Teaching Philosophies

Over the next few days I will be sending out pieces from our new page on the preschool site called “Teaching Philosophies”.  Many of you have already been at our preschool for many years and have a pretty good idea about why we do what we do.  Even so, I thought summer would be a great time for a refresher.  🙂

Teaching Methods…

Over the years, I have studied various teaching approaches:  Traditional, Reggio Emilia, and Maria Montessori, to name a few.  While teaching children for the past fifteen years, I have found that most children respond best to a traditional teaching approach.  Since our children’s brains are not developed yet, they are looking for teachers and parents to guide them in wisdom and to help them make sound decisions.  They need to be taught to listen, have respect, share, and work cooperatively.  We feel it is our job as preschool educators to guide them in the direction that will enable them to be able to learn at their highest capacity.  This involves laying the foundation for the learning that will take place for the rest of their lives.  This also involves teaching them the social skills they will need in order to learn and to function in relationships, schools, friendships, and any other social situations they may come in contact with.

During recent years, I have seen a real decline in the emphasis of the importance of traditional learning, and have also heard feedback from local school teachers that children are coming to school not socially prepared to learn.  It seems like our society has been buying into educational ideas that may “sound good”, but lack the foundation, depth, or age-apppropriateness for the learning that children really need.  Do children really need to learn yoga at the age of 3?  Should children be the ones to decide what they want to learn?  Should the focus of preschool education be to teach children to write a thank you letter?  Children need to be taught how to learn.  They need to be directed in focussed age appropriate curriculum and interactions designed for their age that will prepare them for the school years to come.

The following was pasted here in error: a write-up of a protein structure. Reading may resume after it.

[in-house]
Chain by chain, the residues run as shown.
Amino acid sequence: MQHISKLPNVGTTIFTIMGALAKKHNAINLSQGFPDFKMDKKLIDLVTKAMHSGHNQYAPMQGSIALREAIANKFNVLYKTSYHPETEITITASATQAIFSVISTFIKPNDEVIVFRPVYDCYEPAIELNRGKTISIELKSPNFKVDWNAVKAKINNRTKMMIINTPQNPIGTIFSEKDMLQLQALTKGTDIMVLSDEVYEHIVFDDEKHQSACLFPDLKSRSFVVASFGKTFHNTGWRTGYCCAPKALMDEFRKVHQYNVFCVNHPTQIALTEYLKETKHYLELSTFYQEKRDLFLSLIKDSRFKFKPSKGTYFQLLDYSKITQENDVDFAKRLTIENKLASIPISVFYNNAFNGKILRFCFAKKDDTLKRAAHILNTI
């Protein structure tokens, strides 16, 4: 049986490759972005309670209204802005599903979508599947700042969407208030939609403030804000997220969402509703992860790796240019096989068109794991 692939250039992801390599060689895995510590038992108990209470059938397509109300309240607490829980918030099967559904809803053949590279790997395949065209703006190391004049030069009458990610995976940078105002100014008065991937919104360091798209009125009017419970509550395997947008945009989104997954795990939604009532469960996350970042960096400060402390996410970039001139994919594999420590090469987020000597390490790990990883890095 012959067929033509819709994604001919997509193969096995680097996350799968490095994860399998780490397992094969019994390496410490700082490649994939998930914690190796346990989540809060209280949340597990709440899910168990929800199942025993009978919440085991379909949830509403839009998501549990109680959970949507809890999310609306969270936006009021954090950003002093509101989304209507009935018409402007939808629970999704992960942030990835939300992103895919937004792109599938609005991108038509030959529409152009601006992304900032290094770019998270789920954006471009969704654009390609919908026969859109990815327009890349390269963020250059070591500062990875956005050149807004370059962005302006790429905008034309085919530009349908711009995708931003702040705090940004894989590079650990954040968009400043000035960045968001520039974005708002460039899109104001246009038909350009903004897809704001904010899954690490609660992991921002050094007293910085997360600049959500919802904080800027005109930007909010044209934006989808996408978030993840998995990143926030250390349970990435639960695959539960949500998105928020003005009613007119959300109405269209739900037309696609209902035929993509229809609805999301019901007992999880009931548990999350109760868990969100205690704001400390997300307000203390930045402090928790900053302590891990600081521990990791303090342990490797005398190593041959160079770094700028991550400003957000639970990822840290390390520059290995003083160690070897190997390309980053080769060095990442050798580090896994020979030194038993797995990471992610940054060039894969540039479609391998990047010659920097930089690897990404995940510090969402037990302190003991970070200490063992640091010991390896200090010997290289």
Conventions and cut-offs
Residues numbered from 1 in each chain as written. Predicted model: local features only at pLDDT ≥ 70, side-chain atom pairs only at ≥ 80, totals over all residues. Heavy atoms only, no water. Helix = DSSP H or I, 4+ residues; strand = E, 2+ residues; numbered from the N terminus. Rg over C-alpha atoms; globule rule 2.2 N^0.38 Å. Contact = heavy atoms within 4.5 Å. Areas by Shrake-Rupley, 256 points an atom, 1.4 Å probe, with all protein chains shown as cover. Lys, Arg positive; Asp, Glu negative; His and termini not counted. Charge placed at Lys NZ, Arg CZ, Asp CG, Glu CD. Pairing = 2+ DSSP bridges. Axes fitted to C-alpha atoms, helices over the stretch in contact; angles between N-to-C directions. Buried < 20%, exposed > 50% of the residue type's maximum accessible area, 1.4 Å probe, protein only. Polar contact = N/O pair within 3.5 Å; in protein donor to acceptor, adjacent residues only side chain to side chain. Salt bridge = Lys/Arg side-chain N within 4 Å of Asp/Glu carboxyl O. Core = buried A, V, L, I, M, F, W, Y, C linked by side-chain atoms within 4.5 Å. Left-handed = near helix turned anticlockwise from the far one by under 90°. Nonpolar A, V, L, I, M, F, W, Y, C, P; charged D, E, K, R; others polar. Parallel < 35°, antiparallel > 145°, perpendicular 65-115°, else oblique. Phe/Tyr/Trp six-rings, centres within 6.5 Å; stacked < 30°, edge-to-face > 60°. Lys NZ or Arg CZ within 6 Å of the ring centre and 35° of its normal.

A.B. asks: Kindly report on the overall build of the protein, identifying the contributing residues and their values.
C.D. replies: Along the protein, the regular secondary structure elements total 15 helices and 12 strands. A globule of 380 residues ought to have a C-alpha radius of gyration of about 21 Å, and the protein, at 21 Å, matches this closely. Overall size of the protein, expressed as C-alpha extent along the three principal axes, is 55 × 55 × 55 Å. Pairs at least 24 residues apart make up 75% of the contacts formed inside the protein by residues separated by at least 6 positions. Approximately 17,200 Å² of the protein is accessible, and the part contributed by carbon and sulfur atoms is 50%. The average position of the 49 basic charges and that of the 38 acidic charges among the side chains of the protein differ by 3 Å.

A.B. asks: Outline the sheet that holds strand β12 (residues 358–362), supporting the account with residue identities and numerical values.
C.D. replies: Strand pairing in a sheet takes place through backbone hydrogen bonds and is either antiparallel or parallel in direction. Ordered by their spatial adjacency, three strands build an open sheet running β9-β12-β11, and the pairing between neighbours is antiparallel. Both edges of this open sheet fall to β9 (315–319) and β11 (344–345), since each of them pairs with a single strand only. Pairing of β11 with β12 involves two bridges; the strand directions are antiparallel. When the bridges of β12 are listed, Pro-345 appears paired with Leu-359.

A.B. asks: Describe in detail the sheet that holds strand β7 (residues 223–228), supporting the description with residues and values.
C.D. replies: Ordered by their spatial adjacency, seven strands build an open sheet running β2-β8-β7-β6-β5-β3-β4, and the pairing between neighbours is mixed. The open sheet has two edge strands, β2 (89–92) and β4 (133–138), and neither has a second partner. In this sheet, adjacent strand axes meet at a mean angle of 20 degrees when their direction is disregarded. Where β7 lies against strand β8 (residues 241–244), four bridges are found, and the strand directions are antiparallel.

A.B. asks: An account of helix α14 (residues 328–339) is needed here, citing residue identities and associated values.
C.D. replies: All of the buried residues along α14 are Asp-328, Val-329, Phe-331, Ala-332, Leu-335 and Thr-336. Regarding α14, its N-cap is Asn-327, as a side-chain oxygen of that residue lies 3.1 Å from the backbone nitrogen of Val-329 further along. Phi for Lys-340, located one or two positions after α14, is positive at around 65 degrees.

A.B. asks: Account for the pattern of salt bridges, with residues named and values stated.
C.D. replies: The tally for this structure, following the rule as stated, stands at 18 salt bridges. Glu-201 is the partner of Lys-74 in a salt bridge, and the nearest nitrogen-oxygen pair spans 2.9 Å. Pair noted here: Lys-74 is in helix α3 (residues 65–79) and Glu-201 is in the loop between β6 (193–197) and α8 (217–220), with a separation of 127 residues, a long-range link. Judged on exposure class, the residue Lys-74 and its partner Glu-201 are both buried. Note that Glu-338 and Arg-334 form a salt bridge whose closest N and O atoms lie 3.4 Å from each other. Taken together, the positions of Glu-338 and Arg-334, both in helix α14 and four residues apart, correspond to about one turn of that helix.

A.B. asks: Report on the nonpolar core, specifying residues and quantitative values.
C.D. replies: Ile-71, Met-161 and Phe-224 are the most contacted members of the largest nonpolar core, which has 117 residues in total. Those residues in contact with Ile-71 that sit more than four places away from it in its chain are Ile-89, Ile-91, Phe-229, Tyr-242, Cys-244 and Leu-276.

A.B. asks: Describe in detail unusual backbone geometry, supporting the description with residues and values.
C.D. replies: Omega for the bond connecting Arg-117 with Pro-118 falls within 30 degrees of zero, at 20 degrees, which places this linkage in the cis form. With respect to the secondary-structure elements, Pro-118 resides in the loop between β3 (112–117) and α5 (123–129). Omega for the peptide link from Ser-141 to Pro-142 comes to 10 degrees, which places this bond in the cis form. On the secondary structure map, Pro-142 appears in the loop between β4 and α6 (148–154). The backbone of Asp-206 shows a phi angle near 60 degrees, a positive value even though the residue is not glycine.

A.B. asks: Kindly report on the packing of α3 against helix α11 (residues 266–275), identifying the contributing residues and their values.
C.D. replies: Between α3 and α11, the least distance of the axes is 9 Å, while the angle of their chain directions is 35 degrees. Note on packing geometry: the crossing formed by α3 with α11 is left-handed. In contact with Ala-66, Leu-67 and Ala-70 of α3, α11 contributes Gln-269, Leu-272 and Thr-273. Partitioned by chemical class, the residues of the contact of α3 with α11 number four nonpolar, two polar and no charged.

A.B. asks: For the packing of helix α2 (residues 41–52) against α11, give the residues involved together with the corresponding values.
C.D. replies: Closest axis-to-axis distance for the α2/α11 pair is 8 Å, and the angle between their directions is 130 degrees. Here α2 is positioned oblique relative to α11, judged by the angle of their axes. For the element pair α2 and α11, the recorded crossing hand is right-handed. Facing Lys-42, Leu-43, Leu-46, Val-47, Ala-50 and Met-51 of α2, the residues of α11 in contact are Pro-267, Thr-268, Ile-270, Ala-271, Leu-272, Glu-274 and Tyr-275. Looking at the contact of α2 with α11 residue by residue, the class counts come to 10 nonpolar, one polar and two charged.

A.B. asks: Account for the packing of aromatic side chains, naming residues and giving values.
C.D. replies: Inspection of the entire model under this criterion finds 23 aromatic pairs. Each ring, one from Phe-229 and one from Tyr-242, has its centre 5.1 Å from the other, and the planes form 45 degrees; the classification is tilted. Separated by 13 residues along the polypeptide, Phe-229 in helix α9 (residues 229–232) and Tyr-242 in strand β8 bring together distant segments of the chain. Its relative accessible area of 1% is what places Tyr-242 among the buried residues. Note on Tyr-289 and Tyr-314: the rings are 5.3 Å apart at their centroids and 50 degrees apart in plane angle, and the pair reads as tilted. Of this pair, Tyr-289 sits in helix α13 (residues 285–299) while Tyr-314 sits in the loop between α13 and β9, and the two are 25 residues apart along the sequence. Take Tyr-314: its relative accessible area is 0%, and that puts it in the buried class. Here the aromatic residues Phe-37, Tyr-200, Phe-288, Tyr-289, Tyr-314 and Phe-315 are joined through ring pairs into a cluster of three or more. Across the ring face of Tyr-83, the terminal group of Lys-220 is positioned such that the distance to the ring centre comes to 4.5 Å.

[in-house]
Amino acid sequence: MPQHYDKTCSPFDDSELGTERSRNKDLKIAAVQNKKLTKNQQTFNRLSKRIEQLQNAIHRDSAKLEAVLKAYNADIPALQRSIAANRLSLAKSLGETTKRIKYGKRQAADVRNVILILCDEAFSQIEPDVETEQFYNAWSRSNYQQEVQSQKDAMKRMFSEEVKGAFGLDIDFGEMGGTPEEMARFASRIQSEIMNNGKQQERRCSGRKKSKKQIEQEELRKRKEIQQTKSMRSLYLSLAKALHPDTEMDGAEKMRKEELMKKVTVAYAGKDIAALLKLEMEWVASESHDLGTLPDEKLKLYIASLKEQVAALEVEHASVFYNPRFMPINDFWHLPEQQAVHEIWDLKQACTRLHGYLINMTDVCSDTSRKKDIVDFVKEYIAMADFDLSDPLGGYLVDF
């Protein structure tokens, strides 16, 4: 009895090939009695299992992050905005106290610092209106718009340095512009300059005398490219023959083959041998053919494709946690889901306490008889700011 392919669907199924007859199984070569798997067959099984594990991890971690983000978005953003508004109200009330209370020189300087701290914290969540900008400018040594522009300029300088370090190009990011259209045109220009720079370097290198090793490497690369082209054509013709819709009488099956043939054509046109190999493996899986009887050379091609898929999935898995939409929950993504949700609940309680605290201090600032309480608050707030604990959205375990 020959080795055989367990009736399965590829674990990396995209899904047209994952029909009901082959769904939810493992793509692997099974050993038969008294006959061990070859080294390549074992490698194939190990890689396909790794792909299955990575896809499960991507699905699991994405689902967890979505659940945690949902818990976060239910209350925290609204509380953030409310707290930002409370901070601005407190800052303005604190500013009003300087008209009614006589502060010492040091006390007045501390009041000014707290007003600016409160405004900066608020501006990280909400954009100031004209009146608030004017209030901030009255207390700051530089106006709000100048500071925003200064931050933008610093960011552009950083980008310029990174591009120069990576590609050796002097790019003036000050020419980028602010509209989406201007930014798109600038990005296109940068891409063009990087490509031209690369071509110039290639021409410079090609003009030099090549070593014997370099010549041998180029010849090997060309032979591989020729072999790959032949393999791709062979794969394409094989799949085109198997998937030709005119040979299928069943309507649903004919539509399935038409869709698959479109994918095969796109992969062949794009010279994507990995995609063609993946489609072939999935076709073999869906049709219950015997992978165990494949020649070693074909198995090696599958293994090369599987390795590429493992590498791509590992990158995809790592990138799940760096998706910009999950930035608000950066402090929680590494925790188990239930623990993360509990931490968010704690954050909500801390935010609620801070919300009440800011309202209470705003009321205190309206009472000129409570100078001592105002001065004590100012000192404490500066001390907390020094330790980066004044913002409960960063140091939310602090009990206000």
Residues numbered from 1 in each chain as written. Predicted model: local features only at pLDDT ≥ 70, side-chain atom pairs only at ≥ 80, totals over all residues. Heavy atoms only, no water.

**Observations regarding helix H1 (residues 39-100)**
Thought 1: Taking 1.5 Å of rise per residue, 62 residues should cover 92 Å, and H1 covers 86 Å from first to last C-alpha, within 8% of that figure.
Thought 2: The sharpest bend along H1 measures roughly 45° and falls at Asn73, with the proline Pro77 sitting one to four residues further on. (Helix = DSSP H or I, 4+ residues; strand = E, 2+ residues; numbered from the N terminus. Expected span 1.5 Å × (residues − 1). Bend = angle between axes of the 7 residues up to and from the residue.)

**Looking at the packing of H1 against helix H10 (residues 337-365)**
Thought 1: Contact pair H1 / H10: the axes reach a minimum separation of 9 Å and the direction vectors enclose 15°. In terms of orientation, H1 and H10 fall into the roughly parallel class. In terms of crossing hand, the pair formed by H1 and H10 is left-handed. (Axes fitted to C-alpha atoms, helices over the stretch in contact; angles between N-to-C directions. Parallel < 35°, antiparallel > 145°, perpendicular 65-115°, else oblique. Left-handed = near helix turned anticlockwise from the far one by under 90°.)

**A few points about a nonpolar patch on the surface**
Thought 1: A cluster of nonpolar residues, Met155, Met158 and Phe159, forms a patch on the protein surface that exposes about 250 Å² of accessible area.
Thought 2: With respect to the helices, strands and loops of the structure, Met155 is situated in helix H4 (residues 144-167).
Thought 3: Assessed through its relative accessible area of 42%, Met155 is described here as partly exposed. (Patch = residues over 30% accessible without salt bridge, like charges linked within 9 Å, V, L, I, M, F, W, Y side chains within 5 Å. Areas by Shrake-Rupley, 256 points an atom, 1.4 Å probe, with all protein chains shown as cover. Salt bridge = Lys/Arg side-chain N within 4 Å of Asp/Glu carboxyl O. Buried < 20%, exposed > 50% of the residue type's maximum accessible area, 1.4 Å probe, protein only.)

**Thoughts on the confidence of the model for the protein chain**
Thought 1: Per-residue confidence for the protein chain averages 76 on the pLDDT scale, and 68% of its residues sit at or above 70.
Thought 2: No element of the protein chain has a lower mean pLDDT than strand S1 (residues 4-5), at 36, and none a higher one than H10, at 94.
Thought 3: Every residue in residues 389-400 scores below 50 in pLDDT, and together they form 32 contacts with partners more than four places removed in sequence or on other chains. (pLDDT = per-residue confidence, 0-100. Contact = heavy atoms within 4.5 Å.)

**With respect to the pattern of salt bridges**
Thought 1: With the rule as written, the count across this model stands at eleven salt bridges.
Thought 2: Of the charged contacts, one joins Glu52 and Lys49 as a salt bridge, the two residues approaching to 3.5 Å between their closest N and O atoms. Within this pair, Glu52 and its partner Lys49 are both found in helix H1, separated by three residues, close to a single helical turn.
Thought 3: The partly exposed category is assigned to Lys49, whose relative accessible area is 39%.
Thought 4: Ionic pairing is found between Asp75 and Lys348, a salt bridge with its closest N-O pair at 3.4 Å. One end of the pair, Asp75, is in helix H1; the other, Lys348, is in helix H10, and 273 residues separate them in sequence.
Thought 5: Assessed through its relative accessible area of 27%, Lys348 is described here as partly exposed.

Throughout my teaching experience, I have had a few students transfer from other preschools where they were not instructed in the traditional teaching ways.  I remember one of the children asking if was “okay” for her to play with the other children.  I was shocked.  “Of course, I want you to interact with the other children.  That is what preschool is about.  We learn how work cooperatively with our friends.”  I also had another transfer student who just wanted to whatever he wanted to do whenever he wanted to do it.  He had no idea how to follow a school routine, how to learn in a group setting, or take instruction from a teacher.  From these experiences, it seems to me that if a child will be going into a traditional teaching school, which most of our local schools are, shouldn’t they be in a preschool that teaches in the same way?